In a passion project ten years in the making and straight from the vein of ‘Gamba no Boken’ itself, Shirogumi Vice-president Yoichi Ogawa, video game creator Yoshihiro Komori, and director of children’s anime Tomohiro Kawamura are working to adapt the Japanese animated cult classic, “The Adventures of Gamba.” To the tune of $16.7 million, the co-directing team hopes to launch the new film “Gamba” into the 3D animation big leagues, among American giants like Pixar, Disney, and Dream Works, and challenge the boundaries of Japanese animation.
Based on the popular children’s novel, “Adventurer Gamba and his 15 brave friends,” the original 1975 Gamba no Boken (The Adventures of Gamba) makes a strong case for how to make a quality cartoon under TV budgets and deadlines without sacrificing character development, storytelling, color styling, or even layouts and limited animation. Much of this success of course is attributed to the series’ chief director, Osamu Dezaki.
Dezaki was perhaps best known in America for directing “The Mighty Orbots,” a 1984 Saturday Morning series that aired on ABC. However, for the ‘70s kids of Japan, he was the prolific director whose techniques, stories, and characters would help inspire the next generation of animators.
Dezaki’s many trademarks include his use of split-screens, stark lightning, bright color stylings, cross-hatching to convey mood in animation, wide use of different camera angles in action shots, and his pastel colored freeze-frame trademark which he called, “postcard memories.” This is where the final frame of animation is frozen before fading to a painted version of the scene.
The original series begins with two city mice by the name of Gamba and Bobo. While escaping from a hungry cat, they end up in the stream, riding inside a floating tin can. Gamba aspires to go on an adventure at sea, having heard about it from his deceased father. He knows very little about it, wanting to explore the seas because they are unknown to him (as he explained to Bobo, “Why go on an adventure to something you know about?”).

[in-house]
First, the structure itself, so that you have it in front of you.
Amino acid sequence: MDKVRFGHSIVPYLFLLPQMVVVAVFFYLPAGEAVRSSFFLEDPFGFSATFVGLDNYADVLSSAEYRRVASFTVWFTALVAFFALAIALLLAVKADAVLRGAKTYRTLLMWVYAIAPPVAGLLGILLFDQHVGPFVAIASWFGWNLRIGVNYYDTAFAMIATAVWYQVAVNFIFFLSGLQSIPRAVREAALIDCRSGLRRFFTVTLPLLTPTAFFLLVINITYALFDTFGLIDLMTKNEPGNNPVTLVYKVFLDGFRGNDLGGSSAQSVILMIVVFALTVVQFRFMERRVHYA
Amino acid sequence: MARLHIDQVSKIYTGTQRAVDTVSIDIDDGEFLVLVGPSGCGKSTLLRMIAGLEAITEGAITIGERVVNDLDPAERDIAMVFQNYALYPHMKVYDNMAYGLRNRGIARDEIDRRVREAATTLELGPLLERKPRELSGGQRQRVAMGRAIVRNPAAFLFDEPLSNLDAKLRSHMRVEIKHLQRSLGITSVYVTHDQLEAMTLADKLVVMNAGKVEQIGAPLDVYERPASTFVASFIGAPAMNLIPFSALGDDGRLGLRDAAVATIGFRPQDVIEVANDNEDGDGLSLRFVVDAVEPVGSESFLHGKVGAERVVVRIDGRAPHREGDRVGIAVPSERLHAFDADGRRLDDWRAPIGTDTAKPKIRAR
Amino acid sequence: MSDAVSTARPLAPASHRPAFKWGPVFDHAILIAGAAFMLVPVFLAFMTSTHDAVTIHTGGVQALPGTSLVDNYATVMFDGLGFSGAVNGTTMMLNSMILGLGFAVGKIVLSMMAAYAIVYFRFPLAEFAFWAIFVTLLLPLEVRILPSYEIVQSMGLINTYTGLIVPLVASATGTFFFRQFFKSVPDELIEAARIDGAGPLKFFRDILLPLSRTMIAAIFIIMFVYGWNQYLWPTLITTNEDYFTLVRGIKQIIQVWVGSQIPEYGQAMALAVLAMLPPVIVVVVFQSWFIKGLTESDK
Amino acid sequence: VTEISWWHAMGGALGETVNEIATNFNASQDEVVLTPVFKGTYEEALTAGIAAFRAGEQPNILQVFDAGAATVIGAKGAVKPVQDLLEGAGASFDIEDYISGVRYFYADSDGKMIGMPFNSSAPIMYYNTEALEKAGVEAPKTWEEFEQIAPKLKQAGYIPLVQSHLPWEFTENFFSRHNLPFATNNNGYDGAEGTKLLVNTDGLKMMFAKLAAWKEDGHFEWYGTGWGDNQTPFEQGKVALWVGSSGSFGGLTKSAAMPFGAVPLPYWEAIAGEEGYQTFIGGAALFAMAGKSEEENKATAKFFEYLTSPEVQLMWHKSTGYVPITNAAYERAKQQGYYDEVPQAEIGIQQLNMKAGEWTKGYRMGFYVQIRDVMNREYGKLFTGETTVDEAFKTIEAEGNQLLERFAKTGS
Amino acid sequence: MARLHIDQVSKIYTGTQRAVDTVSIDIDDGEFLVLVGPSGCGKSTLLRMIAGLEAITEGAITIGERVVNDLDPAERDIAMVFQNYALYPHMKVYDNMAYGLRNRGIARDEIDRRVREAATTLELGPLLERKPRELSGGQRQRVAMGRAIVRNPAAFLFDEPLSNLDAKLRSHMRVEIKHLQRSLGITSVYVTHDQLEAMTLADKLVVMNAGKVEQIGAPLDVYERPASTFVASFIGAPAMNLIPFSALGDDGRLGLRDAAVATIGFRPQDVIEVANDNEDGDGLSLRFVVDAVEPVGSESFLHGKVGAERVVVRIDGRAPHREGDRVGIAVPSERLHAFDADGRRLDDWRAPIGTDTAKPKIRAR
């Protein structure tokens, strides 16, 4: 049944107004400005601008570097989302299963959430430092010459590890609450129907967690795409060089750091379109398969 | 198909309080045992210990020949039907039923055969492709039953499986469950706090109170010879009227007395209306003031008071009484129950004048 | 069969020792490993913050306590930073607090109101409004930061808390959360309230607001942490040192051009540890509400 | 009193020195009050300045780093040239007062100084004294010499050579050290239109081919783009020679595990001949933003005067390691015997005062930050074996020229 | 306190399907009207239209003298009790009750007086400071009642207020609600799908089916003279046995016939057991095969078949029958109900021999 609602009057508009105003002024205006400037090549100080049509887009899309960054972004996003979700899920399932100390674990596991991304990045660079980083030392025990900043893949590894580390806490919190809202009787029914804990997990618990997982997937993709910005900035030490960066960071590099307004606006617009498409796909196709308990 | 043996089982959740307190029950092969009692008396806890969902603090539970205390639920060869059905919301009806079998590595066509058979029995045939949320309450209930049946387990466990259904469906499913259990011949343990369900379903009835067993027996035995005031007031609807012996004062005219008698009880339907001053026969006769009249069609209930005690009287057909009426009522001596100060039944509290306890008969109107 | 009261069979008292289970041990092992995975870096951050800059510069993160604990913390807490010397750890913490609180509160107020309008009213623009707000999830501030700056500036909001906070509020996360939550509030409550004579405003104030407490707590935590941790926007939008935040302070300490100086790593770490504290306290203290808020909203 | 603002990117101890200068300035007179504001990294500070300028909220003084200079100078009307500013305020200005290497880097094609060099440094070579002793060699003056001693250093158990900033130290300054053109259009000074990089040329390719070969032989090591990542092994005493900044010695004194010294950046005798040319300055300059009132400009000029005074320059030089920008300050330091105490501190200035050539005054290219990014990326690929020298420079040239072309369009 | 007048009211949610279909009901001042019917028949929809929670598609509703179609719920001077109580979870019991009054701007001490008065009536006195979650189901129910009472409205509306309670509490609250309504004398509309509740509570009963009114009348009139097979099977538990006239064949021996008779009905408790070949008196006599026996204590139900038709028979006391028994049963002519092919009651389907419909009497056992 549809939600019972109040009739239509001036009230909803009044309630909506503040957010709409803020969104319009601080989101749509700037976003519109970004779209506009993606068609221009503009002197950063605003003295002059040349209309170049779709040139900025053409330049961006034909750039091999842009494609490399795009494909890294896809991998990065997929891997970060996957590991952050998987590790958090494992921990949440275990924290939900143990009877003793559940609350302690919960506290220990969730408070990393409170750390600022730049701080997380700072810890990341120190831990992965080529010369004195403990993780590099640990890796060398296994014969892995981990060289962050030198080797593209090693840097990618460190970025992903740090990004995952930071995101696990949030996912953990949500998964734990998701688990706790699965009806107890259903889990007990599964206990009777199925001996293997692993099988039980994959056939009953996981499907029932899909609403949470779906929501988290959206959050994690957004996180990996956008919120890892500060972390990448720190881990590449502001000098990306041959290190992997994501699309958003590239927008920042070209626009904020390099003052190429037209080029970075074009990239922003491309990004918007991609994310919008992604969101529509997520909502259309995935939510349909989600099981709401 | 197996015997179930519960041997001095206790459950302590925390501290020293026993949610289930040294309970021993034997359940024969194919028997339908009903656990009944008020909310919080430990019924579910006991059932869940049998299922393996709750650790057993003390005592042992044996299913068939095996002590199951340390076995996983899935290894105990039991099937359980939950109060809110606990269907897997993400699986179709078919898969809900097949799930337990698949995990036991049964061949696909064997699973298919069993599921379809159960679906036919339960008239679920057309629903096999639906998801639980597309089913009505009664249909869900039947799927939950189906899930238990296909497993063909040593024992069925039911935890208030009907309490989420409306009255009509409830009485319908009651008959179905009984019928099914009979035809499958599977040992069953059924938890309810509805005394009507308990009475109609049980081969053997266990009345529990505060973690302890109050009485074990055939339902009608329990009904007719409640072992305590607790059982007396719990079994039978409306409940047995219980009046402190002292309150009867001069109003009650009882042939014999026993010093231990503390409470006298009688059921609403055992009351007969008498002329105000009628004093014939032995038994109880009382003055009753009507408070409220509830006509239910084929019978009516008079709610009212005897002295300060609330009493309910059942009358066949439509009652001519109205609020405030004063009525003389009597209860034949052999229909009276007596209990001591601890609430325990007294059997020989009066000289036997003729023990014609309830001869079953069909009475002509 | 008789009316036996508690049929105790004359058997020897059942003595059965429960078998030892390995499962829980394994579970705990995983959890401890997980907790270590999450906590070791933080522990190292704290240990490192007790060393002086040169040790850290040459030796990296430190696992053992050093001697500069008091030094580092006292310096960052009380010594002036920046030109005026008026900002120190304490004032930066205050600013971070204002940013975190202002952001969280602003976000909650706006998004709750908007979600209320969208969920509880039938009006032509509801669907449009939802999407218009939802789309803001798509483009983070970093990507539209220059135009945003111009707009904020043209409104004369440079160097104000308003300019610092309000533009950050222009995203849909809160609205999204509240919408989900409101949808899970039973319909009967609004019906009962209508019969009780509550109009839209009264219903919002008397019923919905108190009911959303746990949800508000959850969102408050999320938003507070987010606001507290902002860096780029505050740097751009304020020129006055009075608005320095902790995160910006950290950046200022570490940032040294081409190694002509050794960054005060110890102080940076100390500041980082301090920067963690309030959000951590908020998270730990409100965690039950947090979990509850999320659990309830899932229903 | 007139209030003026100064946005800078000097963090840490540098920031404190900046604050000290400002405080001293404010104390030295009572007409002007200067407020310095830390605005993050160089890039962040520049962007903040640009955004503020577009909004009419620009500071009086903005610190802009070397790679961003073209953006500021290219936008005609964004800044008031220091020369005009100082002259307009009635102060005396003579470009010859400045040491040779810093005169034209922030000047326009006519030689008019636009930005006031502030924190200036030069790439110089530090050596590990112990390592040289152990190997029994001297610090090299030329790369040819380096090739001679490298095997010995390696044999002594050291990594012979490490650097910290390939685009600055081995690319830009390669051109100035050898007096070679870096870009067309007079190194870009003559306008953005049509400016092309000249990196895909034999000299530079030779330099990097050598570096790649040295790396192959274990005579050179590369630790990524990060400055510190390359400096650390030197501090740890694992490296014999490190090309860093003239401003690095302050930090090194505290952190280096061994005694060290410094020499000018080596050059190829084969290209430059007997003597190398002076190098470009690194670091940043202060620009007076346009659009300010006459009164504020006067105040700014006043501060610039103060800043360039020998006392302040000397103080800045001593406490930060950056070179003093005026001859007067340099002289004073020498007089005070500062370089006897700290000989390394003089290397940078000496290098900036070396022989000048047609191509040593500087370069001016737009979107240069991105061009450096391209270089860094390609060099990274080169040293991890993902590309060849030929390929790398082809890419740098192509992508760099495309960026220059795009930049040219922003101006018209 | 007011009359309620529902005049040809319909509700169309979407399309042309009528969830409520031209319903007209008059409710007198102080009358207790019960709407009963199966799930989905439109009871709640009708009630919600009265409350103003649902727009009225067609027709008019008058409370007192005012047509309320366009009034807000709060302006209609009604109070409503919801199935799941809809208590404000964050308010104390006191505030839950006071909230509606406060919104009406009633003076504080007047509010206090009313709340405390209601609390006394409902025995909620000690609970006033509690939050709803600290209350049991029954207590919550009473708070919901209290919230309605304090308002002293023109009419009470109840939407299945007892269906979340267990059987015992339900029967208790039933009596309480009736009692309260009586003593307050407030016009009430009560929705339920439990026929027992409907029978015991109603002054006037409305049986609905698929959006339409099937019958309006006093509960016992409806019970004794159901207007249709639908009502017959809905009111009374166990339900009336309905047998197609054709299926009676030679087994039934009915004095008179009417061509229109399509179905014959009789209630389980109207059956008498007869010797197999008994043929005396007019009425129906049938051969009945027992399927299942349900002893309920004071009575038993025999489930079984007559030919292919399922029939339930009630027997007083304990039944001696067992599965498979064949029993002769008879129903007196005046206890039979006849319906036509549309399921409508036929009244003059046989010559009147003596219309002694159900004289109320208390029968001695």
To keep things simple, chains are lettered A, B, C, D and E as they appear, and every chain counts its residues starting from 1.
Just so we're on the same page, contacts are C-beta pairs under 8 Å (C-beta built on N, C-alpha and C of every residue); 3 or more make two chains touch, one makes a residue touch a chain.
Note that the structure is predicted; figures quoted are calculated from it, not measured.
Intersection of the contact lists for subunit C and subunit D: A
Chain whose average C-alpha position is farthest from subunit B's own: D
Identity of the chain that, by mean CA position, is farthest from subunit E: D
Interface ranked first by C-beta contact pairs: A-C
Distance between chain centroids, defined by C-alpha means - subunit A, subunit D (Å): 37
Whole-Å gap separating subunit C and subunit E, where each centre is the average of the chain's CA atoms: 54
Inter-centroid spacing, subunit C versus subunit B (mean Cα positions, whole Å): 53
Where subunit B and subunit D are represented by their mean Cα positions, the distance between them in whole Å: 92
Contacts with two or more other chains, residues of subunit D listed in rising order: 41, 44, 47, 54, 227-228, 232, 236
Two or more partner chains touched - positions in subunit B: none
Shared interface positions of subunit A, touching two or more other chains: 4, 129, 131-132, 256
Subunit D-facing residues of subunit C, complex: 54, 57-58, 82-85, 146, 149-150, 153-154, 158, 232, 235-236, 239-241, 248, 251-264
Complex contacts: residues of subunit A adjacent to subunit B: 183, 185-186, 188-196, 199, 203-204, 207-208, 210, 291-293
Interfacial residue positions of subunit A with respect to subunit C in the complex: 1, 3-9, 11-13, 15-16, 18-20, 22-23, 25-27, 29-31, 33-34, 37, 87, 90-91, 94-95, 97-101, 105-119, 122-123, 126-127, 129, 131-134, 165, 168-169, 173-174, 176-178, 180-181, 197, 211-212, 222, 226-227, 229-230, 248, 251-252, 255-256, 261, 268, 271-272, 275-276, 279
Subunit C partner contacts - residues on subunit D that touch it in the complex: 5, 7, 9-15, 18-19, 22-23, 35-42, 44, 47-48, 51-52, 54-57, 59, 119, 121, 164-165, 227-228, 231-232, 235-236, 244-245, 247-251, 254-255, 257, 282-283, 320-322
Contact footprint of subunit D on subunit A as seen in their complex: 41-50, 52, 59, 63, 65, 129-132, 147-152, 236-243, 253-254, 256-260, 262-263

They encounter Chūta, a mouse which has been injured and is seeking help. He convinces Gamba and Bōbo to assist him in defending the island Yumemishima and its inhabitants from the invading Noroi Clan. Known as some of the creepiest villains in Japanese anime (whose references can be found in various series like Muromi-san and Kill La Kill), the Noroi are revealed to be cruel and wicked. Gamba elects to sail to Yumemishima with Chūta to help defend the island, and he recruits more mice to join their cause.
After sub-par ratings forced the Nippon Television studio to cut the series from 52 episodes to 26, Dezaki and the team were forced to hastily re-plan the show’s storyline. In spite of the shortcomings, the show went on to become a cult favorite in the years that followed. The original show was presented in a cliffhanger format, with each episode leaving the story unfinished. For American TV at the time, it was still the norm for each episode to be a complete story so that the series could be shown in any order.
The new 3D epic adventure will see the little mouse Gamba and his friends join forces to confront the ruthless Noroi clan ruling the island.
While Gamba has seen a few adaptations over the years, this will be the first attempt at a 3D adaptation. Benjamin Wallfisch (V For Vendetta, Pride & Prejudice, 12 Years A Slave) is in charge of tickling your ears and stirring your soul as composer, with the talented Ryota Kosawa (Always – Sunset On Third Street, Kisaragi, Parasyte: Part 1/2) as screenwriter. Currently in post-production, the film is only set to release in Japan October 10th of this year, although with Marvel Studios co-founder Avi Arad serving as executive producer, a North American distribution looks hopeful.
See the stunning official site here: www.gamba-movie.com